- Image, while not everything, counts for something. This is PR, after all. Come to work looking professional and put-together, every day. Matthew Harrington, one of the most senior executives at Edelman, wears a suit to work every day – even on casual Fridays.
- Don’t go into debt. You’re not in college anymore; you should be paying off your loans, not incurring more debt. If you’ve chosen to move to cosmopolitan city (like
) this can be difficult. While it may seem like spending 70% of your income on rent is reasonable, think twice. Stay in the black, even if it means you have to make sacrifices to your lifestyle. New York
You can reach Nathan at: email@example.com or (212) 704-4573
No time to write an original post right now – darn dirty deadlines – but enjoy these links:
From The Bad Pitch Blog – 10 Reporter Hacks (tips for improving your media relations)
From Bad Language – Want a Job? Learn to Spell (and ditch the Star Trek Uniform)
(tips of getting a j-o-b).
What resources have you found of interest to PRos in Training?
This blog by Roy Peter Clark at the Poynter Institute has some great tips for keeping your writing fresh and interesting.
Oregon Blue Book Media
For my students who don’t have access to a database, and you’re building an Oregon media list – start here.
Green Media Toolshed
This site is specifically for grassroots environmental organizations, but has some really great tips that you can use for any campaign.
Kind of a mixed bag of joy for you. Have fun! If you have links you’d like to see on PRos in Training, let me know!
Thanks, Rosina @ Flickr, for a great photo.
What? You don’t have an internship this summer? That’s ok. You can still get some experience and make some connections.
I asked some of the PRos I know and here are the best tips:
Lisa Pulliam, Public Relations Manager, Western Oregon University: “Set up a job shadow. Especially if you’re a sophomore or junior and still trying to figure out if PR is for you. Most professionals are more than willing to spend a day or half-a-day with you to give you a taste of the industry. Think you might be interested in political work? Contact a local candidate’s communication director. Non-profit might be your thing? Lots of nonprofits have a PR/Marketing director and nearly all have a Development Director (fundraising). Even if you are interested in an entertainment PR or agency career, there’s someone in your area that does that work. It’s a great way to build relationship with professionals.”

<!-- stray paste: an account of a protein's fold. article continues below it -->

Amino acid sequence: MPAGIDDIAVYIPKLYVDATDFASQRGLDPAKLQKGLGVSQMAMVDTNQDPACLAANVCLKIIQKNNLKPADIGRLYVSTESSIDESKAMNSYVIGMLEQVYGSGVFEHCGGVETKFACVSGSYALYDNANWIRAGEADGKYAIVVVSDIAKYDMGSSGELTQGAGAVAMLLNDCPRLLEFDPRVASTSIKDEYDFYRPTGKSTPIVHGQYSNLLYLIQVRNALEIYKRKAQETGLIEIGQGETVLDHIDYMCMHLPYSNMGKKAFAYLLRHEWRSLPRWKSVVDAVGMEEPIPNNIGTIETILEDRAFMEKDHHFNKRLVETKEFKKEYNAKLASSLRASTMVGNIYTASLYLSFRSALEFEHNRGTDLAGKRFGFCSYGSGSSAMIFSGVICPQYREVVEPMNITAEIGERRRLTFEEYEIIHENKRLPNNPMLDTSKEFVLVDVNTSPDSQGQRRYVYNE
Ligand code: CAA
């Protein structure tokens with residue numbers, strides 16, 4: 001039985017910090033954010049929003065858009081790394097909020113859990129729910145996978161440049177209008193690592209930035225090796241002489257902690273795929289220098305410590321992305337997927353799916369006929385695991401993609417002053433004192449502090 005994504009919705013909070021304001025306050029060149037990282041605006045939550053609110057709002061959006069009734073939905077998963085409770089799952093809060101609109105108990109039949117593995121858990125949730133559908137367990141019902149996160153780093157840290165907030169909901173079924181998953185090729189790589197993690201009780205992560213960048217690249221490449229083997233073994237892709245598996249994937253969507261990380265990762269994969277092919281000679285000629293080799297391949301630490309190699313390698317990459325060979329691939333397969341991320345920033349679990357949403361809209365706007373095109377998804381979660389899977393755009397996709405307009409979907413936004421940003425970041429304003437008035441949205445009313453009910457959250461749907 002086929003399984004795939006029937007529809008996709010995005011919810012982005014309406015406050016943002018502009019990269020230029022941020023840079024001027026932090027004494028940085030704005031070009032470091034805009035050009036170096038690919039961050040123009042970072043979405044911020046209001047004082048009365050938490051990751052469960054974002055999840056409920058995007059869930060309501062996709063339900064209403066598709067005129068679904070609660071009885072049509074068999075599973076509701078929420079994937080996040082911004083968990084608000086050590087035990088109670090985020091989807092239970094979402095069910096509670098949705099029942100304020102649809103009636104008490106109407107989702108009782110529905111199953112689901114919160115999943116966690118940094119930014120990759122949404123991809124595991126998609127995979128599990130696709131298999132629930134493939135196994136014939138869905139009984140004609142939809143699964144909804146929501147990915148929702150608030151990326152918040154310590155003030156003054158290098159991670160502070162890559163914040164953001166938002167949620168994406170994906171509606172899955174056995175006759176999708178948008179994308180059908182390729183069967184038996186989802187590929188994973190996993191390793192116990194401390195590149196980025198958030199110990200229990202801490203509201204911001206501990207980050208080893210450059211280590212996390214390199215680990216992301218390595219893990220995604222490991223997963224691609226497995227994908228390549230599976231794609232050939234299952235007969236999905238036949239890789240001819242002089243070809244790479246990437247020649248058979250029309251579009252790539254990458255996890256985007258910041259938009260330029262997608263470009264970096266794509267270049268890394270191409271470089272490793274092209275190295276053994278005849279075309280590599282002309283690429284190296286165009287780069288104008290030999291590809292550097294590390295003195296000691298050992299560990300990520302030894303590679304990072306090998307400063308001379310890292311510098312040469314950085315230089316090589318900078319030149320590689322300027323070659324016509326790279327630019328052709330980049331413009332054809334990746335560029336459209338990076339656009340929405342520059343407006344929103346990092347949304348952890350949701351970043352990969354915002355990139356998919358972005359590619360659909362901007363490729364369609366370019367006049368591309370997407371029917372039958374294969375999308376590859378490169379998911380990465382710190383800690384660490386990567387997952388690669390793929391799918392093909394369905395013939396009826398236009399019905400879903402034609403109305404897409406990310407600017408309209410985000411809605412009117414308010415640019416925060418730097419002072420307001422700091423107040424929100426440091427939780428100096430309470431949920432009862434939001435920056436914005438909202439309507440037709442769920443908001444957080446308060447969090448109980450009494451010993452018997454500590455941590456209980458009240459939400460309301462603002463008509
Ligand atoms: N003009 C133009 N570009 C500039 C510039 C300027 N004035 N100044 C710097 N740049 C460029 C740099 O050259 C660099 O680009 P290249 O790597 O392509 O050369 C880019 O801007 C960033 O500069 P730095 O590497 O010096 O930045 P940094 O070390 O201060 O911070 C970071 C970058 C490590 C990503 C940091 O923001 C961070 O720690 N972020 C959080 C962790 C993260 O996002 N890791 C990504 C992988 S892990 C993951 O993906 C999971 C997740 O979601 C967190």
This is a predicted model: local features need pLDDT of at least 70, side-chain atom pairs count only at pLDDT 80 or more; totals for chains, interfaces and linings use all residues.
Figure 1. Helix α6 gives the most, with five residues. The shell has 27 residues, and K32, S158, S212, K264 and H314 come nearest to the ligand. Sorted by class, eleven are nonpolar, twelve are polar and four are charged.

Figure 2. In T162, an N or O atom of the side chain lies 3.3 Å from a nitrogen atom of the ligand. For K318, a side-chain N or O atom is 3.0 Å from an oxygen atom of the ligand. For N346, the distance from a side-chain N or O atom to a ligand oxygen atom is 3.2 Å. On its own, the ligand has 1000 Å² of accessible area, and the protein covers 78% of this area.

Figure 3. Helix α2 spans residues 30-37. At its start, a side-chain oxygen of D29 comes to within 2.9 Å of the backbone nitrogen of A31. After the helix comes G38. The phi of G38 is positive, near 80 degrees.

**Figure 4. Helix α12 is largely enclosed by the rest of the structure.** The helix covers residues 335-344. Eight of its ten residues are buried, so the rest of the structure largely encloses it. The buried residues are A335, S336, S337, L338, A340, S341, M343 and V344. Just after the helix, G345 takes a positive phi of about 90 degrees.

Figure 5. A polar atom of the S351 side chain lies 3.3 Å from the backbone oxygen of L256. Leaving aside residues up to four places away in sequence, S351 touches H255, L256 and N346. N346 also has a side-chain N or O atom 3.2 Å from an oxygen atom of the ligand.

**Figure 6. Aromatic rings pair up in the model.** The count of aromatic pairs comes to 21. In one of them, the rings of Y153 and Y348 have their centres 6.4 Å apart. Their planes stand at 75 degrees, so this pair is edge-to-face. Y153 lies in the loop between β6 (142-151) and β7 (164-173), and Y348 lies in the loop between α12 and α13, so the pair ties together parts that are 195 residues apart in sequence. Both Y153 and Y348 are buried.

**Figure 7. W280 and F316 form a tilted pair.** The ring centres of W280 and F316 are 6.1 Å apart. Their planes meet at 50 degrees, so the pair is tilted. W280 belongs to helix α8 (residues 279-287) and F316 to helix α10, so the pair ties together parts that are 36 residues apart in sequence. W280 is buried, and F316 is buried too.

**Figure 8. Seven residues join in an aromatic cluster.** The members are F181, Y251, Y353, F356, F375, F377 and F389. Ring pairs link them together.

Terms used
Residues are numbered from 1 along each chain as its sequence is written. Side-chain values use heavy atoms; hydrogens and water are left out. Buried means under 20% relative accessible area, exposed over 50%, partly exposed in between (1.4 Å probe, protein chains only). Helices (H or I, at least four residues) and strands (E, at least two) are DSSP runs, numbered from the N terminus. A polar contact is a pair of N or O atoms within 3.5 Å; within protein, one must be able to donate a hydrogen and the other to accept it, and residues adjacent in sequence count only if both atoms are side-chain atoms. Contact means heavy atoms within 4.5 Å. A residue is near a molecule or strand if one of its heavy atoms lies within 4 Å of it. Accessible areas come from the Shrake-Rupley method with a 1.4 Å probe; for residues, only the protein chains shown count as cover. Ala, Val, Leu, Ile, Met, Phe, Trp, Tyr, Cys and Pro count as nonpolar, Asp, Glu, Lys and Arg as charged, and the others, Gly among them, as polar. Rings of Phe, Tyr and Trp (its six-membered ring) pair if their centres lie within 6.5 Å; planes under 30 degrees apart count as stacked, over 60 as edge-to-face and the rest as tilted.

Erica Harbison, Account Executive, Waggener Edstrom (Portland): “Go to the local city hall or your favorite charity organization and see what projects are in the works – maybe an event or volunteer recruitment effort – see if you can help them with PR/marketing. Even if you’re not doing a formal internship, you can get involved with projects on a short term basis – maybe write an article for a newsletter, create flyers to hand out or help them update their Web site. The organization will be appreciative – and you’ve got a portfolio piece to show for it.”
Laura Bishow, Account Executive, Maxwell PR (Portland): “Volunteer!” (pretty basic, huh?)
Set up informational interviews: Contact PRos (maybe even start with alumni) in your field of interest and ask for 30 minutes of their time. A conversation over lunch can give you insight into how to better prepare yourself for a career in that field and again, will help you make connections. After all, PR is all about the relationships you can build.
Talk to your profs: Yes, we have connections. And yes, we can help you. I promise.